Claude Monet’s La Japonaise, a portrait of his European wife in a Japanese kimono, stands out as a rare full-length portrait and as a blatantly Japonist and sensual image. In pursuit of the avant-garde portrait, Monet blended his own works in portraiture with his fascination with Japan to produce a La Japonaise, a work that was met with initial praise equal to its criticism. This paper analyzes Monet’s relationship with his full-length portraits, Le Dejeuner sur l’Herbe and Camille: The Green Dress and how Japonisme evolved his works in portraiture, Monet’s use of Japanese objects as props and how it fits into the greater tradition of Japonist portraiture, and the cultural legacy of La Japonaise through a discussion of its controversies and criticisms.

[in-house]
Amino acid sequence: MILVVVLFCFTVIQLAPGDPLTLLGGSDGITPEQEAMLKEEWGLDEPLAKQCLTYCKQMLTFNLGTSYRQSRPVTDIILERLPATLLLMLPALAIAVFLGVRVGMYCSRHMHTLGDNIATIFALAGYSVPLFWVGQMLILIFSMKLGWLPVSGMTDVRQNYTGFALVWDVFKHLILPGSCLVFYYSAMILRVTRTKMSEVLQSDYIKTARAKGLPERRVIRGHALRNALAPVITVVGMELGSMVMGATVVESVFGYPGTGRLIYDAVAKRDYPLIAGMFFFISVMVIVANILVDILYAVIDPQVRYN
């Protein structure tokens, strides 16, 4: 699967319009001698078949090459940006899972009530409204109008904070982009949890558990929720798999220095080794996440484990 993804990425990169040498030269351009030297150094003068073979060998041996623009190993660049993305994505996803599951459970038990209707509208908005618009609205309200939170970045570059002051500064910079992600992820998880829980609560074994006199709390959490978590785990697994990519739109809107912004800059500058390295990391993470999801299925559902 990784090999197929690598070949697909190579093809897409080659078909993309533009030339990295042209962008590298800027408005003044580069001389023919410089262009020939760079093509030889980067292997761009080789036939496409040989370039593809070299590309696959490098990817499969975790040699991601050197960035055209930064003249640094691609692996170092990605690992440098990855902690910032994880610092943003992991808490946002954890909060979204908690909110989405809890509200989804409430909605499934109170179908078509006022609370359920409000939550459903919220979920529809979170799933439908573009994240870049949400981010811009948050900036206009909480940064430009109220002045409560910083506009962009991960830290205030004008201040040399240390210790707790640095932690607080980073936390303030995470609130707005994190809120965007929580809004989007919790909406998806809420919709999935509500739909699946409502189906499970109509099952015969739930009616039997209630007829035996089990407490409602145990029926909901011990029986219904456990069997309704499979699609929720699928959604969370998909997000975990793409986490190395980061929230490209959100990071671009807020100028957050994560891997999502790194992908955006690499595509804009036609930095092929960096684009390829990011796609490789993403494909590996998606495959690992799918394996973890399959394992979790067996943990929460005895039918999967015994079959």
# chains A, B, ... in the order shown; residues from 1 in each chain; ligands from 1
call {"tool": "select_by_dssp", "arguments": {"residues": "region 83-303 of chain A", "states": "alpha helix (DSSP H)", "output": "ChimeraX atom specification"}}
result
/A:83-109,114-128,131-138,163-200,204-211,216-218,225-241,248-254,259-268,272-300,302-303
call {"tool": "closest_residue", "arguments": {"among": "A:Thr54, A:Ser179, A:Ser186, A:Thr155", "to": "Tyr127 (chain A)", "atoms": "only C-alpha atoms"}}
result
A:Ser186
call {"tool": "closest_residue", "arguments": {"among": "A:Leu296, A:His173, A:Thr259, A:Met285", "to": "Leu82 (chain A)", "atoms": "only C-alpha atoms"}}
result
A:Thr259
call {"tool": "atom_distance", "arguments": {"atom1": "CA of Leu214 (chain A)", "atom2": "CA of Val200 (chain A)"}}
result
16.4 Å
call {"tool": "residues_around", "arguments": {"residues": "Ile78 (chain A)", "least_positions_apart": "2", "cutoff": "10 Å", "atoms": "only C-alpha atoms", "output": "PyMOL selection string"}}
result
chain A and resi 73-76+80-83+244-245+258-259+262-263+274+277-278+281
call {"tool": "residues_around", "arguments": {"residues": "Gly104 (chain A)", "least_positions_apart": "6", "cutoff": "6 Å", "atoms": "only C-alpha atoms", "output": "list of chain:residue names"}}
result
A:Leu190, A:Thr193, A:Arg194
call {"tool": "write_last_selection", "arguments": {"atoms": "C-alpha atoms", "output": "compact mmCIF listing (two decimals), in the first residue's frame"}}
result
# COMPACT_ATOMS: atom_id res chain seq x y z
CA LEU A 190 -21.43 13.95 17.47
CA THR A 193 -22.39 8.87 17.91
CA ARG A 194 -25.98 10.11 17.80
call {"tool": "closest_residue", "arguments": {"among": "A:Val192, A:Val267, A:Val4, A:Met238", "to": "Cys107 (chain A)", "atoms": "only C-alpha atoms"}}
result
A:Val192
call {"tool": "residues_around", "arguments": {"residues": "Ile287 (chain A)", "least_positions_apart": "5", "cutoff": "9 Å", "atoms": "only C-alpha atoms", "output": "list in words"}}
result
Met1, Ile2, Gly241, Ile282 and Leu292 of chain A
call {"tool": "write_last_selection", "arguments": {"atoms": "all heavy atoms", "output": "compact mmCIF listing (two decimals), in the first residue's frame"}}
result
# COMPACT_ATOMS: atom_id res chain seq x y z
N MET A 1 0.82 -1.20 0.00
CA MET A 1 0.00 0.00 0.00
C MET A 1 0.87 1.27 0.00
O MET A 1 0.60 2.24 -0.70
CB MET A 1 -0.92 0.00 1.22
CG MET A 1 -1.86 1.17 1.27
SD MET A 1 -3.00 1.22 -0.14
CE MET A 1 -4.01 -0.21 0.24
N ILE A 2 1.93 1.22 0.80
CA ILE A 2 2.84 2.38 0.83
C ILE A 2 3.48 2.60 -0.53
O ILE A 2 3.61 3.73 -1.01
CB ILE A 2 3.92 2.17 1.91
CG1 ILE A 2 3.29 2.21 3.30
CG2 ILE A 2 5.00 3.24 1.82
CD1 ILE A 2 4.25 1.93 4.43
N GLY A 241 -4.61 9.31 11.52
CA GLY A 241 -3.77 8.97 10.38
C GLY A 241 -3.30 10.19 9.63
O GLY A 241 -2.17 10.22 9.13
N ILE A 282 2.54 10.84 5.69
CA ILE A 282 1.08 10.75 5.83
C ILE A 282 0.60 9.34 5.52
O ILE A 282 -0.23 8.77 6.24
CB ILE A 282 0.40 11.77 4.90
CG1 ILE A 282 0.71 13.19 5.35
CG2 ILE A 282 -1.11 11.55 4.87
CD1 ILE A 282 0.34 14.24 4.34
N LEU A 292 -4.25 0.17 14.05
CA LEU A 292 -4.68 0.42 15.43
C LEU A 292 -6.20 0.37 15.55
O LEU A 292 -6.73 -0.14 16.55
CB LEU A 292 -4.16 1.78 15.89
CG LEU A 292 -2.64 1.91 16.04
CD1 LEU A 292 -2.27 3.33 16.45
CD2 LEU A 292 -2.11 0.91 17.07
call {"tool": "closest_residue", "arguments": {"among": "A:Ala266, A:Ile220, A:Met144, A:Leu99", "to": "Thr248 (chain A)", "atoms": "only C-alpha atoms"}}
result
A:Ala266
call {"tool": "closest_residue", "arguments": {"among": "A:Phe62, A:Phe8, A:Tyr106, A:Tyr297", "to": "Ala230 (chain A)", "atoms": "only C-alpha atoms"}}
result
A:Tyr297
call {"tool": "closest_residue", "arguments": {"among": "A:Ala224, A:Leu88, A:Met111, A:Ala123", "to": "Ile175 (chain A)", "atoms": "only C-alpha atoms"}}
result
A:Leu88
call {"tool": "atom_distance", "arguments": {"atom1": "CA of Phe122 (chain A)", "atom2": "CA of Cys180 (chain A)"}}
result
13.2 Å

Siewert, John


Art and Art History


Modern Art and Architecture


Monet, La Japonaise, Japonisme, Impressionism, Nineteenth Century

Publication Date


Degree Granted

Bachelor of Arts

Document Type

Senior Independent Study Thesis



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